At Food Republic, January is Healthy Living Month. Maybe you are following the program, too? But let's be honest: You cannot take it on without a couple excellent cookbooks to help you out along the way. Or else, you'll find yourself with a fridge full of beautiful produce and lean proteins…and no idea what to do with them. For this reason, we've compiled our favorite recently published healthy cookbooks — the ones we've actually been cooking from ourselves. From dozens of uses for that bunch of kale sitting in your crisper to Mediterranean-influenced vegetable recipes and bone broth, you'd be hard-pressed to find a book that won't inspire you to get your green on.
1. The Nourished Kitchen: Farm-To-Table Recipes by Jennifer McGruther
From Jennifer McGruther, author of the popular blog Nourished Kitchen, comes The Nourished Kitchen: Farm-To-Table Recipes. A proponent of the traditional foods movement, McGruther's recipes shun all things processed while welcoming animal and dairy fats, naturally fermented foods like kefir and sauerkraut, and ushering in delicious seasonal desserts like maple balsamic roasted pears. Now is not the season to be subsisting on salad. Let the traditional foods movement get you through the winter nourished and healthy.
2. Plenty More by Yotam Ottolenghi
Plenty More is hands-down our favorite vegetarian cookbook of the year, and no roundup of healthy cookbooks would be complete without it. Israeli chef Yotam Ottolenghi's follow-up to 2011's Plenty is packed with vibrant, inventive recipes for vegetables you've never enjoyed this much. A particular favorite is the sweet and sour leeks with goat yogurt, but don't miss the flavor-infused rice dishes, sweet and savory soups and salads, and delicious spins on healthy grains. You guys, vegetables are extremely exciting. Just wait and see.
3. Olives, Lemons and Za'atar: The Best Middle Eastern Home Cooking by Rawia Bishara
We regularly make the trip to Bay Ridge (wayyy out in Brooklyn) for a superb meal at chef Rawia Bishara's Middle Eastern restaurant, Tanoreen, and we were delighted when her book was published. Now we recreate delicious, light and nutritious dishes like her rice-stuffed vegetables and tangy, hearty lentil noodle soup in our own kitchens. If you're looking for cuisine that's inherently healthy, don't forget about home-cooked Middle Eastern and don't pass over this beautifully photographed, absolutely loaded cookbook.
4. Kale, Glorious Kale by Catherine Walthers
Hey! You there, under that rock! Kale is healthy, popular and definitely a Thing! Bestselling cookbook author Catherine Walthers' totally kale-centric new volume is your best friend in the fight to finish that huge bunch of kale you picked up before its leaves turn yellow and dry out. Don't let that happen to your huge bunch of kale, not when Walthers' book sports the likes of kale and goat cheese tarts and our runaway favorite, potato-kale latkes.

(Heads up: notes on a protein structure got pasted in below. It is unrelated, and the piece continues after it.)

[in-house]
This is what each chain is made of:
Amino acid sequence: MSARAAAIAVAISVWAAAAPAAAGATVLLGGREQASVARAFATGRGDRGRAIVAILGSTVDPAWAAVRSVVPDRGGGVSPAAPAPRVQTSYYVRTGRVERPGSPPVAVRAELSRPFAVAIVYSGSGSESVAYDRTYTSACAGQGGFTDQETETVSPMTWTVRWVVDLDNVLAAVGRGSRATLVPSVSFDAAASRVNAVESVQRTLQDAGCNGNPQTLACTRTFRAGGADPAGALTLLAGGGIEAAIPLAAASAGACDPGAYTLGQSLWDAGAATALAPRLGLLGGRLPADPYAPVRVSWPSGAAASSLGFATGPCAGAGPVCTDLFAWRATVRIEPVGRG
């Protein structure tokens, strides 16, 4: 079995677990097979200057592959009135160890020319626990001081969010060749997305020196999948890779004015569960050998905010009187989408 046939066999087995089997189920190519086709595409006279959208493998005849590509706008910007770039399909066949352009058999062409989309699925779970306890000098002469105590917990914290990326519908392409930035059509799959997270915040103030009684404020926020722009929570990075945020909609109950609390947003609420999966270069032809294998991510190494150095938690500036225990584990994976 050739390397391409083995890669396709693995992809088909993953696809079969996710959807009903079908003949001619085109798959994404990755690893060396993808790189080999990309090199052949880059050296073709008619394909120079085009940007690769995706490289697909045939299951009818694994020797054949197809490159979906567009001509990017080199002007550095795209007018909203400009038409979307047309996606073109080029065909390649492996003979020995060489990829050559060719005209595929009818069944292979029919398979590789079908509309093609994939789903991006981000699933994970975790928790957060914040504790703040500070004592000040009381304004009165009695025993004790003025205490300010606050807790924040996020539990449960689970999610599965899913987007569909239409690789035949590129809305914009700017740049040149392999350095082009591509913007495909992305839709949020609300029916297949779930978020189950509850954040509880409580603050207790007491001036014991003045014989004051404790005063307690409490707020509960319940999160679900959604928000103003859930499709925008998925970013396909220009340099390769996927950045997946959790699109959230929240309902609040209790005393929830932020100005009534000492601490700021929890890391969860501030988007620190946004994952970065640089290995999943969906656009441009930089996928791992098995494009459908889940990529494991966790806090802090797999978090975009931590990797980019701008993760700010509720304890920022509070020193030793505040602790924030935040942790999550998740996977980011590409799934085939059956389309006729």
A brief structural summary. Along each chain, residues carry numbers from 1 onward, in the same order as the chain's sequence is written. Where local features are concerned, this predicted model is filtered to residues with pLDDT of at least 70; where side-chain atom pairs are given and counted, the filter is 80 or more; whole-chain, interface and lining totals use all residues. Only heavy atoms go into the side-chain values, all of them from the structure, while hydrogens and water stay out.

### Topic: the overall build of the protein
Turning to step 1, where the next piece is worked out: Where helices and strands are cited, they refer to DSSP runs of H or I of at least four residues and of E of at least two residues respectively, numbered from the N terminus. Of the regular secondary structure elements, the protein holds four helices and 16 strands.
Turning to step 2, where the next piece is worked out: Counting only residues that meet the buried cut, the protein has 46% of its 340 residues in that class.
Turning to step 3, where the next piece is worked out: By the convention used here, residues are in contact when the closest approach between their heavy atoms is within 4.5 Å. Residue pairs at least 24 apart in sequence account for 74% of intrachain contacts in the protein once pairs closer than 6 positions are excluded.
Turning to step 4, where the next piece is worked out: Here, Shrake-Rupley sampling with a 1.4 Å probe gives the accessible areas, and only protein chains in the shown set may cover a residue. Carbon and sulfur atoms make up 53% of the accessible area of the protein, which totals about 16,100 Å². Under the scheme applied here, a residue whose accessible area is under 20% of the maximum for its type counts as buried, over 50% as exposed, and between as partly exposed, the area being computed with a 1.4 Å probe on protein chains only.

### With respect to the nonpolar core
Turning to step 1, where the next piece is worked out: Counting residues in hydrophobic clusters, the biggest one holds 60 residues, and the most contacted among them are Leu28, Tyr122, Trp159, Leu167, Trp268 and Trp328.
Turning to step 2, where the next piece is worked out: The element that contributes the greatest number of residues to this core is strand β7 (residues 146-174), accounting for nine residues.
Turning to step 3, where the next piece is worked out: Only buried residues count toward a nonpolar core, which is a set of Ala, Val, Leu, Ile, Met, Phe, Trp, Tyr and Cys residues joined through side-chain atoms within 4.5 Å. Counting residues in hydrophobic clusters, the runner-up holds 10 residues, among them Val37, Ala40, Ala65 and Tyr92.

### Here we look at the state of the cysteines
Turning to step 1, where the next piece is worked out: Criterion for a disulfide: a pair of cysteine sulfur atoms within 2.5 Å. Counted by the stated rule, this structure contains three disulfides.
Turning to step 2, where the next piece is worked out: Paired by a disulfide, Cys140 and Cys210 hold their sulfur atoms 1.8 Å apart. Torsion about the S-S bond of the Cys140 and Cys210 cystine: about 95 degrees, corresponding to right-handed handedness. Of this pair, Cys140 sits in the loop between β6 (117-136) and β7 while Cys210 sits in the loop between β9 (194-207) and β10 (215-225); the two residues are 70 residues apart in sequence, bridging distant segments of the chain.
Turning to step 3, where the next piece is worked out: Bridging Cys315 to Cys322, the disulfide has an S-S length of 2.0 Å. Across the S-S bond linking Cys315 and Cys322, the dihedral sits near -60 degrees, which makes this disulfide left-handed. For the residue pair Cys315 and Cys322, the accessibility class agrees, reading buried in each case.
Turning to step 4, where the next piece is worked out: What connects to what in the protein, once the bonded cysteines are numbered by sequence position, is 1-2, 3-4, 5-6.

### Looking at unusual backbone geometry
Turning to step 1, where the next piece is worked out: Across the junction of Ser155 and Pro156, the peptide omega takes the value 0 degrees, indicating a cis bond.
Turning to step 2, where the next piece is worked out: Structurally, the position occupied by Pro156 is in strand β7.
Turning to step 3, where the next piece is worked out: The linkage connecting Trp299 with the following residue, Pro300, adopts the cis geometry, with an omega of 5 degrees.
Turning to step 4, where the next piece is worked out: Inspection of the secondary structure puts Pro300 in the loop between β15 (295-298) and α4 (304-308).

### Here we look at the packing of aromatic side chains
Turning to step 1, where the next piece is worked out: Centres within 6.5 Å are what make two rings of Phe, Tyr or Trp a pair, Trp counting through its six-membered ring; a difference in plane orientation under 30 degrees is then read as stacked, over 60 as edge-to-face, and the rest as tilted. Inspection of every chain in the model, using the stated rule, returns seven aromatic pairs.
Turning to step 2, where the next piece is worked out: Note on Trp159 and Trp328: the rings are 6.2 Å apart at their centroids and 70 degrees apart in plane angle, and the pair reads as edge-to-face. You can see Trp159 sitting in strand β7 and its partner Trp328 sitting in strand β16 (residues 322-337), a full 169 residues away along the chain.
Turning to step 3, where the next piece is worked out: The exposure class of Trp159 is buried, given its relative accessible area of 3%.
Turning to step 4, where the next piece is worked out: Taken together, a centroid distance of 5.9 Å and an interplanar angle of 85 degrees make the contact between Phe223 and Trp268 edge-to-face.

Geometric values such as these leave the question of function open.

5. Healthy Latin Eating by Angie Martinez and Angelo Sosa
Radio/television personality Angie Martinez and chef/television personality Angelo Sosa might seem like an unlikely pair to team-up for a cookbook. But paging through their new book, it’s clear that this is no forced vanity project. As it turns out, they’ve known each other for years. Martinez, who is known as the “Voice of New York” from her time on Hot 97, is passionate about healthy cooking and these days can be found more often at the farmers market than the radio booth. Though, the book’s Argentinian skirt steak, sourced from the kitchen of rapper Fat Joe, represents a celebrity packed Rolodex. Sosa, who appeared on Top Chef, has been known to tap into his unique Dominican-Italian heritage when preparing his fresh, flavorful dishes.
6. A Good Food Day by Marco Canora and Tammy Walker
As of late everybody might be talking about the Hearth chef-owner’s bone broth business, but Marco Canora has long been an advocate for healthy cooking. His new book, A Good Food Day, serves as both a recipe guide and a treatise for following simple rules about healthy living. Rules like eating breakfast is crucial; probiotic-rich fermented foods add both bold flavors and good bacteria to your diet; and it's recommended to eat fish, fish and more fish. But hardly lip service, the book is packed with photos and short, no-nonsense essays — as well as 125 recipes, including a few of those bone broths.
7. Farm, Fork, Food: A Year of Spectacular Recipes by Eric Skokan
The Denver Post has called chef Eric Skokan “the most ambitious do-it-all-yourself chef and restaurateur in Colorado” and a leader in the state’s blooming locavore movement. At his 130-acre farm, which also houses a bistro, the chef grows a mind-boggling 250 varieties of vegetables and fruits. In his book, Farm, Fork, Food, he highlights many of the restaurant’s favorite seasonal dishes like latkes with smoked trout, winter watercress and horseradish, and basil ice cream with summer berries.
8. The Green City Market Cookbook
Founded in 1998 by chef Abby Mandel, Chicago’s Green City Market is a year-round farmers market held in Lincoln Park. This book, which features many of the city’s favorite chefs and the market’s regular customers, offers recipes prepared in four distinct seasons. Participating chefs include Rick Bayless, Stephanie Izard, Gale Gand, Jason Hammel and many others.
9. America: Farm to Table by Mario Batali and Jim Webster
It's pretty hard to find someone who doesn't love Mario Batali's Italian cooking, so it's a bit of a mystery as to why his new cookbook doesn't have the word Italian in the title — or a steaming bowl of pasta and meatballs on the cover. But this book is, instead, a celebration of local farmers around the country. In the book, readers travel from coast to coast to see how the chef uses local fare to everyone's advantage, many times with health on the mind (though not always). Think carrot fritters, lamb shank sloppy Joes and fava bean guacamole.